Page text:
A moving drama that bleeds with emotion; “FANCY DANCE”

Director Erica Tremblay’s “Fancy Dance” aligns its warm heart with the many Indigenous Women who have been missing and murdered without finding justice and with the living women who must navigate the world where the racist American system casts them as persona non grata.

Written by Tremblay and Miciana Alise, this engaging and moving picture is set on the Seneca Cayuga Reservation in northeast Oklahoma. The reservation is what the American government wanted these places to be. There are few jobs and fewer opportunities for the Native American residents who already have an unstable relationship with the nearby non-indigenous communities. As with every reservation, the consequences of the government’s abandonment of the Native American people is evident everywhere. Carolina Costa’s camera captures both the depressed economic surroundings, while allowing the beauty of the Oklahoma land (and the Indigenous people) to exist.

It is on the Seneca Cayuga Reservation that we find Jax (a tremendous Lily Gladstone), whose sister, Tawi, has been missing for two weeks. The authorities don’t seem to care, and until she is found and the mystery of her disappearance is solved, Tawi’s daughter Roki (the equally excellent Isabel Deroy-Olson) is living with her Auntie Jax.

Roki desperately wants to attend the yearly powwow, hoping her mother will turn up, as she has never missed one. The screenplay finds real emotional power in Auntie and Niece aching for Tawi’s return. Young Roki has the privilege of youth on her side, which allows her the glimmer of hope for her mother’s return. Jax is more realistic. The trail of unsolved cases of murdered and missing Indigenous women makes Jax fear the worst, but she soldiers on, refusing to allow her sister to be another lost footnote in American history.

After a white female childcare worker does a surprise inspection to check on Roki’s well-being, the court decides she must live with her white grandparents (Shea Whigham and Audrey Wasilewski), as Jax has a criminal record for drug dealing, another casualty of the lack of economic opportunities on the rez. Roki is estranged from them, and they don’t seem comfortable having their granddaughter become a more significant part of their lives. For them, it would be just fine to make a few emotionless visits now and again.

Having the white woman and the white courts decide the fate of a Native American child connects to the long and ugly history of White America splitting up Native American families and forcing the children to live under a White roof. These actions damage psyches and destroy families. Jax is proud of her heritage and the people on the reservation and doesn’t want her niece to be disconnected from her roots. Realizing how bad things could get, Jax takes a willing Roki in the middle of the night, and the two embark on a trip to the powwow, both desperately wanting to solve the mystery of their missing loved one.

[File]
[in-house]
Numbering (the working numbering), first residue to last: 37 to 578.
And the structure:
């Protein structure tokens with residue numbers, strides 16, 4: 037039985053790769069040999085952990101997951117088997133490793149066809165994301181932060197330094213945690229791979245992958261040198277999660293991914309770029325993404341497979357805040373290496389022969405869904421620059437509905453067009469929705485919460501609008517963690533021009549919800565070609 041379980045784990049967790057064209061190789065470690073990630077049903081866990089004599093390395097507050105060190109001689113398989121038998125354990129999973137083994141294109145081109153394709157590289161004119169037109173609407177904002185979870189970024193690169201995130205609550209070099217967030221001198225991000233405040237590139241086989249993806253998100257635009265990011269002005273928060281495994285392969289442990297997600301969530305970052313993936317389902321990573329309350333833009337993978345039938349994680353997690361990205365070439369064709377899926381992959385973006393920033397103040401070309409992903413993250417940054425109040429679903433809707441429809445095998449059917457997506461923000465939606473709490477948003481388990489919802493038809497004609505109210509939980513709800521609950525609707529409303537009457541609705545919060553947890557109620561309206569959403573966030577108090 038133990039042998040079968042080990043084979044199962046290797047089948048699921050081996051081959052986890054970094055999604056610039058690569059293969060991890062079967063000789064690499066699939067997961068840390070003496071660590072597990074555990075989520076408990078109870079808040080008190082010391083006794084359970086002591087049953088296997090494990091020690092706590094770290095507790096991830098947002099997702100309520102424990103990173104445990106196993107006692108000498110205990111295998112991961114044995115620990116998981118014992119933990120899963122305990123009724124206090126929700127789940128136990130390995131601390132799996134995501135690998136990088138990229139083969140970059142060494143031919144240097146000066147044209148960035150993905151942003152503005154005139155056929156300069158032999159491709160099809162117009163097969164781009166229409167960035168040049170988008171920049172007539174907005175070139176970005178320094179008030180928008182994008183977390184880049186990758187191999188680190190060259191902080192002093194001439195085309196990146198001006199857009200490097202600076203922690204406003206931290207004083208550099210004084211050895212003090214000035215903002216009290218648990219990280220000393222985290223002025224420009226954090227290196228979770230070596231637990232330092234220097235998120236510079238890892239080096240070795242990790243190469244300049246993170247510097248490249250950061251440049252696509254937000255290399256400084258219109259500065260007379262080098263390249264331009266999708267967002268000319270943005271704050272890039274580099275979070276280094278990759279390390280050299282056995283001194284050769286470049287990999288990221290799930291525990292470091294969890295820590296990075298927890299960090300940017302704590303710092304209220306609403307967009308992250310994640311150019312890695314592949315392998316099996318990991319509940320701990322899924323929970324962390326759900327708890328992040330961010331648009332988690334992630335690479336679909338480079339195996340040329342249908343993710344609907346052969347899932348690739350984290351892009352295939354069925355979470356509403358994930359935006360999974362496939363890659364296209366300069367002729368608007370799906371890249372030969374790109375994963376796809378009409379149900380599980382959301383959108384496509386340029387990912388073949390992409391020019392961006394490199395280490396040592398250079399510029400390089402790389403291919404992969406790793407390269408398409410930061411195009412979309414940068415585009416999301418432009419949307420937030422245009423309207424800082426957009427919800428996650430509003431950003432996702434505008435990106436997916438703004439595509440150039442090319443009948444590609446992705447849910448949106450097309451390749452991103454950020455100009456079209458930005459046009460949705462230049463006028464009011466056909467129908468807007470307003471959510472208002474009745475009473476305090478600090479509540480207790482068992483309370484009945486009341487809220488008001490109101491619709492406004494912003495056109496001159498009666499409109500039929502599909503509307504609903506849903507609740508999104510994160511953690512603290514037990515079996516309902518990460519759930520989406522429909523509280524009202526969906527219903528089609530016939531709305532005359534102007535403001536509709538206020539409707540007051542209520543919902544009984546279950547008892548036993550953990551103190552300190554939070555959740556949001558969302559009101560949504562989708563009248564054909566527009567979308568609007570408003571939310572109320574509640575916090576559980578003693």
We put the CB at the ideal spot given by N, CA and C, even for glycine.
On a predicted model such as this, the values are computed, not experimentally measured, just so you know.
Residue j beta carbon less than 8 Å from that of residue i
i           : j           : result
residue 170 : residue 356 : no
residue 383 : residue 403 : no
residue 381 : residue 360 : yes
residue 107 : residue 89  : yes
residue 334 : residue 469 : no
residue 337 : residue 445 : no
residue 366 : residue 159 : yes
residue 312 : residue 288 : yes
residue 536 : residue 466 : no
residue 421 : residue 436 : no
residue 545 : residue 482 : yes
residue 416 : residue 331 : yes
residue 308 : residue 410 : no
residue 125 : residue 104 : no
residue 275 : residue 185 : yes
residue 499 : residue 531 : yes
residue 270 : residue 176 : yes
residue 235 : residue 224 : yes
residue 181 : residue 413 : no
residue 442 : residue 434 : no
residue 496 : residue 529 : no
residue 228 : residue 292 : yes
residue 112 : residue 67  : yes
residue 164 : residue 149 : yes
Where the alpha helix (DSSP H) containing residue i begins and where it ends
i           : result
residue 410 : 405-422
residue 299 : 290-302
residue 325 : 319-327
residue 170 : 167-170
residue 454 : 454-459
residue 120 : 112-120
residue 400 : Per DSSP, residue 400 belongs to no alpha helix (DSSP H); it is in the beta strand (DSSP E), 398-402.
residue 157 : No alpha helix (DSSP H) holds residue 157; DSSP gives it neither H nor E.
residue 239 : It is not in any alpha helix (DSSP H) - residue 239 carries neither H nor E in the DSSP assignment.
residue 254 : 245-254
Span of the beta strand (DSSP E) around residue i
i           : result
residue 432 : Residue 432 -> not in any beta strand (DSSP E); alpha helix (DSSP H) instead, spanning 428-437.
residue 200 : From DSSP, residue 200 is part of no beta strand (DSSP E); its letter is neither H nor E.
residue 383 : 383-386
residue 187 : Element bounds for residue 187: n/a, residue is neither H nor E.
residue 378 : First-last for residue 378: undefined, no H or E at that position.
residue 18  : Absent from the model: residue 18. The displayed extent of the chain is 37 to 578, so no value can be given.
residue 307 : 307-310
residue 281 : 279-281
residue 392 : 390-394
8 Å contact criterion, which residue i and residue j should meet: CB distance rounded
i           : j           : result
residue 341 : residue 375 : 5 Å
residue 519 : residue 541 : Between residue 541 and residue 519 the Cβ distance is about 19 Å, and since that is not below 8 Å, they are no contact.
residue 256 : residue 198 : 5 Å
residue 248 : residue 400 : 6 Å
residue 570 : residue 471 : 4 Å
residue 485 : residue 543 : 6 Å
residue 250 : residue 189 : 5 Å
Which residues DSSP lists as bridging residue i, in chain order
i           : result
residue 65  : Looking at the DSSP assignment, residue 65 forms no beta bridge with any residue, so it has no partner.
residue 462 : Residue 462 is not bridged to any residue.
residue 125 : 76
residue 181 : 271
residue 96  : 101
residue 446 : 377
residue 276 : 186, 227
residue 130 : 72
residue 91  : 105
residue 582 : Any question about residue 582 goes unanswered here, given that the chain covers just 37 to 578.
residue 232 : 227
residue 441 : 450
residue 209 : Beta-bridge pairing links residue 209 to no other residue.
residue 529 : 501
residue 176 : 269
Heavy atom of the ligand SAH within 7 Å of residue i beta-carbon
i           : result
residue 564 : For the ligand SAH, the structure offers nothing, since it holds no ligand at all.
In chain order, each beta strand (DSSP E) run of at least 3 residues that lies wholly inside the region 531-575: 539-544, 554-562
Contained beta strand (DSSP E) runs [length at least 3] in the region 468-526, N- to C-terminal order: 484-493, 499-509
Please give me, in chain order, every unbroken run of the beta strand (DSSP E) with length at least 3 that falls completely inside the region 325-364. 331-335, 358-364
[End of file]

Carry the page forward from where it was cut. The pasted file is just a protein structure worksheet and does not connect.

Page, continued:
Gladstone inhabits Jax with a quiet power as the character moves through a cruel America that cares not for the issues of its Indigenous populations. The screenplay crafts her as representative of many Native American women who struggle for identity and respect, and Gladstone wears their pain with every breath. As the final act finds Jax falling further victim to a system molded to ignore Native Americans, this talented actress does the strongest work of her career. Giving another incredibly moving performance, Gladstone’s work as Jax is a performance I’ll not soon forget.

“Fancy Dance” is a film of many layers. It is powerful and quite moving, but the most affecting aspect is the unbreakable familial bonds between these Indigenous women, even the ones who are no longer here.

Director Tremblay has made a film of gravitas and devastating truths. Jax and Roki’s journey is dangerous, yet one that becomes an intimate and revealing lesson in self-worth and the history of Jax and Roxi’s people.

“Aunt” translates to “Little Mother” in the Cayuga language. For many, it becomes “Second Mother” due to the disappearances of so many mothers and the children being forced to live with other family members while the local authorities continue to do nothing to solve anything Native American-related.

Supported by the Sundance Screenwriters and Directors Lab, this film is crafted with intimacy, care, and respect and honors all Indigenous women and their struggles.

“Fancy Dance” is a moving drama that bleeds with emotion.

Lily Gladstone, Isabel Deroy-Olson, and Shea Wigham share moments of purity in their performances that will break your heart. Erica Tremblay’s film will move your soul.

Film premieres on Hulu on June 28th

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